I was listening to the news recently, and two political analysts were “unpacking” comments made by a political figure. I thought, when did “unpack” suddenly come to mean something other than taking things out of a suitcase? Turns out it’s good that I’m not an etymologist, because the answer is: more than 100 years ago. According to Merriam-Webster, one of the official definitions of “unpack” is: to analyze the nature of (something) by examining in detail.
I was reminded of this alternate definition in re-reading Denise Garcia’s great blog post on Sales to Service, when she suggests the importance of serving and understanding your customer.
In working closely with hundreds of successful sales professionals over the years, I’ve seen it proven that a clear understanding of what’s really important to you customer is critical to success on both sides of a vendor / customer relationship. This may be intuitive when it comes to the use and application of technology. In my experience, unpacking all of the information your customer provides (or alludes to) is just as important in making your solutions more consumable for the buyer. And making your products consumable for the buyer is essential in reaching your sales goals.
Let’s look at a few areas where carefully unpacking information about your customer’s finance and procurement preferences (and challenges) can drive success.
One of the most common objections we hear from prospective buyers is “we don’t have budget available,” and this should always beg for additional discovery. We need to understand what this means in your customer’s words. Do they have a capital budget (”CapEx”) shortfall? Or are OpEx dollars restricted? We then need to determine how each particular customer classifies purchases as OpEx or CapEx – there are no hard fast rules. (For a good read on this with more detail, see Greg Turtletaub’s post here)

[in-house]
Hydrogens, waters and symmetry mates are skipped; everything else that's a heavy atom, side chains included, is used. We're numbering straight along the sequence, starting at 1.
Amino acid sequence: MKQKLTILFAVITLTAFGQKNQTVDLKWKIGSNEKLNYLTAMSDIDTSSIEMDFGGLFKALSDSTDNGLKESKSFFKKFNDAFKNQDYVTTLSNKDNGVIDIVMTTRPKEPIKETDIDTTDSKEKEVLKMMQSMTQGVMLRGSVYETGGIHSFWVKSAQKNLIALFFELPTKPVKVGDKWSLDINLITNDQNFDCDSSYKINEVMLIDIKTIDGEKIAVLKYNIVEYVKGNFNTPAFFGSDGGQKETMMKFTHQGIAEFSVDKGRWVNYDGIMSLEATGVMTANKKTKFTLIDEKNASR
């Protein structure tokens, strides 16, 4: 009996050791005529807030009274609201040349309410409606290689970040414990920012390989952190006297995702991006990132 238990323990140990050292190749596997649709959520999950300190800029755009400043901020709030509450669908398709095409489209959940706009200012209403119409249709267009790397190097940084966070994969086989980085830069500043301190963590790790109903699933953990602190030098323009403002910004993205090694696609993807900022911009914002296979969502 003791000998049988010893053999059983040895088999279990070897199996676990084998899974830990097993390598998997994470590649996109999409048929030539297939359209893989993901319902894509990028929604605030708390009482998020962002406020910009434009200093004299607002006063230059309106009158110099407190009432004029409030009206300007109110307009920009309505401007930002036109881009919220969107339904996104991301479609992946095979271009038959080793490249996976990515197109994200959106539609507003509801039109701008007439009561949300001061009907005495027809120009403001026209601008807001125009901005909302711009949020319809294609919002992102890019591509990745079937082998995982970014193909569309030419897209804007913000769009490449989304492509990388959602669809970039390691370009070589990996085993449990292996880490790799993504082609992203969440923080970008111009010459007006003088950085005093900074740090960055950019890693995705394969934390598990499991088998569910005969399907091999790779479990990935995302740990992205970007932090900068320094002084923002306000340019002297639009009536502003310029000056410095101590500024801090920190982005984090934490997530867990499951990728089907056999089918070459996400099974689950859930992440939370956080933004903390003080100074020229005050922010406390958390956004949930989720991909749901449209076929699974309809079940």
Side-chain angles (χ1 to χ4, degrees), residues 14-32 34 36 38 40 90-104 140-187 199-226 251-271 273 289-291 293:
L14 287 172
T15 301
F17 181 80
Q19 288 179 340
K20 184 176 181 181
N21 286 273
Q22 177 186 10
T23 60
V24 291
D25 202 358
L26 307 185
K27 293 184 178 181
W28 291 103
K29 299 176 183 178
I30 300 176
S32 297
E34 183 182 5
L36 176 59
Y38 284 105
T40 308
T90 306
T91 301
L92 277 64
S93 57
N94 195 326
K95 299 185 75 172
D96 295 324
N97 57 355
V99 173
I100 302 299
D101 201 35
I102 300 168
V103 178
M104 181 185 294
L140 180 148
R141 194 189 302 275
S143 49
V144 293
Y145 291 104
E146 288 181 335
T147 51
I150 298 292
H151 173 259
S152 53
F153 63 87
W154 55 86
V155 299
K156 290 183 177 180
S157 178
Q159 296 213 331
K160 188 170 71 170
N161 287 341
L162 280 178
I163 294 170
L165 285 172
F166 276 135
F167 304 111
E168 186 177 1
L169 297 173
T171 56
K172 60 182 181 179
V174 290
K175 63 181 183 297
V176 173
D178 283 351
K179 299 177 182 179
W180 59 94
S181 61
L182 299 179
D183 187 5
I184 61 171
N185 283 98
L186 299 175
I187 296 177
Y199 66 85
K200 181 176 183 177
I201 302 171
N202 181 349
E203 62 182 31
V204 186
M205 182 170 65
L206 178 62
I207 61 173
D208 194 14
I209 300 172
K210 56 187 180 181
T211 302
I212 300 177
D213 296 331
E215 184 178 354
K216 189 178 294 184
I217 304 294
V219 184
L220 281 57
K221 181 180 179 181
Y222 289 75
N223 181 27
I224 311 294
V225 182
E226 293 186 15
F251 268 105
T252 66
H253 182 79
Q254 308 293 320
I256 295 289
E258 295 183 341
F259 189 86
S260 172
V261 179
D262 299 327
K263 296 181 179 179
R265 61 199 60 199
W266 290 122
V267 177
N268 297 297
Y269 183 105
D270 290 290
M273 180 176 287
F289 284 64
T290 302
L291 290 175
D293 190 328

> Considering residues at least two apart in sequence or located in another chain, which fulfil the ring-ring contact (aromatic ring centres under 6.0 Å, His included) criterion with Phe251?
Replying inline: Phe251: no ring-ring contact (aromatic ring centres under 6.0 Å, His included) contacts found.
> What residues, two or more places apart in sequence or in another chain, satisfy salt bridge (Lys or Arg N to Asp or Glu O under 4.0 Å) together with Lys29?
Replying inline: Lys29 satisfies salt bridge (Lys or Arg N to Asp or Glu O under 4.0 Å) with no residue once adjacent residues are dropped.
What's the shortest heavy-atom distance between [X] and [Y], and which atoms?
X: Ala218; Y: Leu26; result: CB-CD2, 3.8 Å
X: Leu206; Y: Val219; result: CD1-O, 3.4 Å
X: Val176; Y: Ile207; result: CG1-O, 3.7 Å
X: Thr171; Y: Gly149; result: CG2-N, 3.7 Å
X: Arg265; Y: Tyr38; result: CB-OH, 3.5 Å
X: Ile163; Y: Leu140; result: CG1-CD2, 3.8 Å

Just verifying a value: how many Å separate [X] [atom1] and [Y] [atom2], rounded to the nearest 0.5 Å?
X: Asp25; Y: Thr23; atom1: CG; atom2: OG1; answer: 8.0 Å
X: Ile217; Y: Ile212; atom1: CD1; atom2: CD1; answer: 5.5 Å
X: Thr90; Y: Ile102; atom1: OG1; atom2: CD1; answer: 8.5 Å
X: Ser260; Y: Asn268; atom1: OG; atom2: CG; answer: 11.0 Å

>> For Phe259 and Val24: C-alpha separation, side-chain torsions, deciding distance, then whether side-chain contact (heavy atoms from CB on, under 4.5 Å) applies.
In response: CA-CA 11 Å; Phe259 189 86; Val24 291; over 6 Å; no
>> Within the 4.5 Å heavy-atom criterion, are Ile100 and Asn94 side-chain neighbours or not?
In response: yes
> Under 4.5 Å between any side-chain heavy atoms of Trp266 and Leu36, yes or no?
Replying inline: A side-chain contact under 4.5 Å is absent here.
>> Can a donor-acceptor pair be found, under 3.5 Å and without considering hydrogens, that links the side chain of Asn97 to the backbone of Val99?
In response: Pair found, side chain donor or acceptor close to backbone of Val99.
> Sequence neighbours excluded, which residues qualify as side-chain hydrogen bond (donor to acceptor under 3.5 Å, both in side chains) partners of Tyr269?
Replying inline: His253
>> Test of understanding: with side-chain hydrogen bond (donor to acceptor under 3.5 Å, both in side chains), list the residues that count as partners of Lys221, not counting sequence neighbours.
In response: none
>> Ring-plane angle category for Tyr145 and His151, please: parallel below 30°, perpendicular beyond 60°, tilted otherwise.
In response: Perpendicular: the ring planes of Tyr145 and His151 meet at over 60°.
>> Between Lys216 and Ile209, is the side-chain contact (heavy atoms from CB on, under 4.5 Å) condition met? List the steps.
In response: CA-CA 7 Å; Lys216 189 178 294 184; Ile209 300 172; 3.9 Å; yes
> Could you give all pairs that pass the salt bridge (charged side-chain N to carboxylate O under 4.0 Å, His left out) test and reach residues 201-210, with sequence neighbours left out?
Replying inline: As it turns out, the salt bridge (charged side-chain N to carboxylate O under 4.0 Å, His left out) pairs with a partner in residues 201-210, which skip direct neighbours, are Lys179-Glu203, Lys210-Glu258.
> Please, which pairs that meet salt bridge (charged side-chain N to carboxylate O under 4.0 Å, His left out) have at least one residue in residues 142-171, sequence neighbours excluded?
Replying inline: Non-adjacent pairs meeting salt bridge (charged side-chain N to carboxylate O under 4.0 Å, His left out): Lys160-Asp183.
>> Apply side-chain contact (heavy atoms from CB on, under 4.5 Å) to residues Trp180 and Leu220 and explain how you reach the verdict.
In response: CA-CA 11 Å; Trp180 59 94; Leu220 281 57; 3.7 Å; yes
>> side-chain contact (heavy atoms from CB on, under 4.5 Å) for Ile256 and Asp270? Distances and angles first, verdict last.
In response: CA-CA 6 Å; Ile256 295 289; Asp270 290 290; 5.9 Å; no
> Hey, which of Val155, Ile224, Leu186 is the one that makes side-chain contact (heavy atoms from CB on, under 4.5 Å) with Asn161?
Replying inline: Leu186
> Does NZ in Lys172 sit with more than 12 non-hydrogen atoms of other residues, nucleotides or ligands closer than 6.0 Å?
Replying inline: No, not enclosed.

In response to solution proposals that include multiple years of support, or capacity for future growth, customers (particularly financial decision makers) sometimes say “we don’t pre-pay for future needs.” This can often be mitigated by offering the ability to pay for the solution as they plan to consume/deploy, and by eliminating the need for the customer to issue a multi-year purchase order. We can also be sure to present the offer in a way that clearly communicates the economic advantage of the incentive offer being presented vs. ongoing “transactional” procurement.
When selling for a customer’s projected future needs, it’s essential to get your customer’s agreement regarding the true cost of doing nothing, or “business as usual.” A well-vetted needs assessment, with cleanly documented information sources, can avoid debate over what business as usual looks like, and drive support for a multi-year commitment. A comprehensive cost / benefit analysis or business value assessment can demonstrate the potential business impact and resulting value that your solution can deliver.
Too many times we’ve seen purchases delayed unexpectedly, when the customer says “we don’t have time or resources to get this done this quarter.” To avoid this common pitfall, it’s necessary to understand what the path to a purchase order looks like for each customer. What forms of cost justification are required for approval of the purchase? Have your supporters ever sponsored a purchase of this size in the past? How many, and what level signatures will be required, and will the required signatories be available to meet the desired timeline?
Finally, no conversation about making technology consumable is complete without giving thought to purchasing flexibility. Do you know whether the customer wants to own technology and infrastructure? Or are they transitioning to an outsourced or cloud model? Do you know how and when they prefer to pay for the solution? We conducted a series of interviews with enterprise CFOs regarding their roles in technology procurement and vendor selection, and flexibility in how they buy was cited as a common priority.
By making an effort to explore or “unpack” the information available from your customer, you can proactively mitigate many of the financial objections that can derail your selling efforts. By doing this early enough in the sales cycle to address any challenges, you can greatly improve the predictability of your results and your overall performance.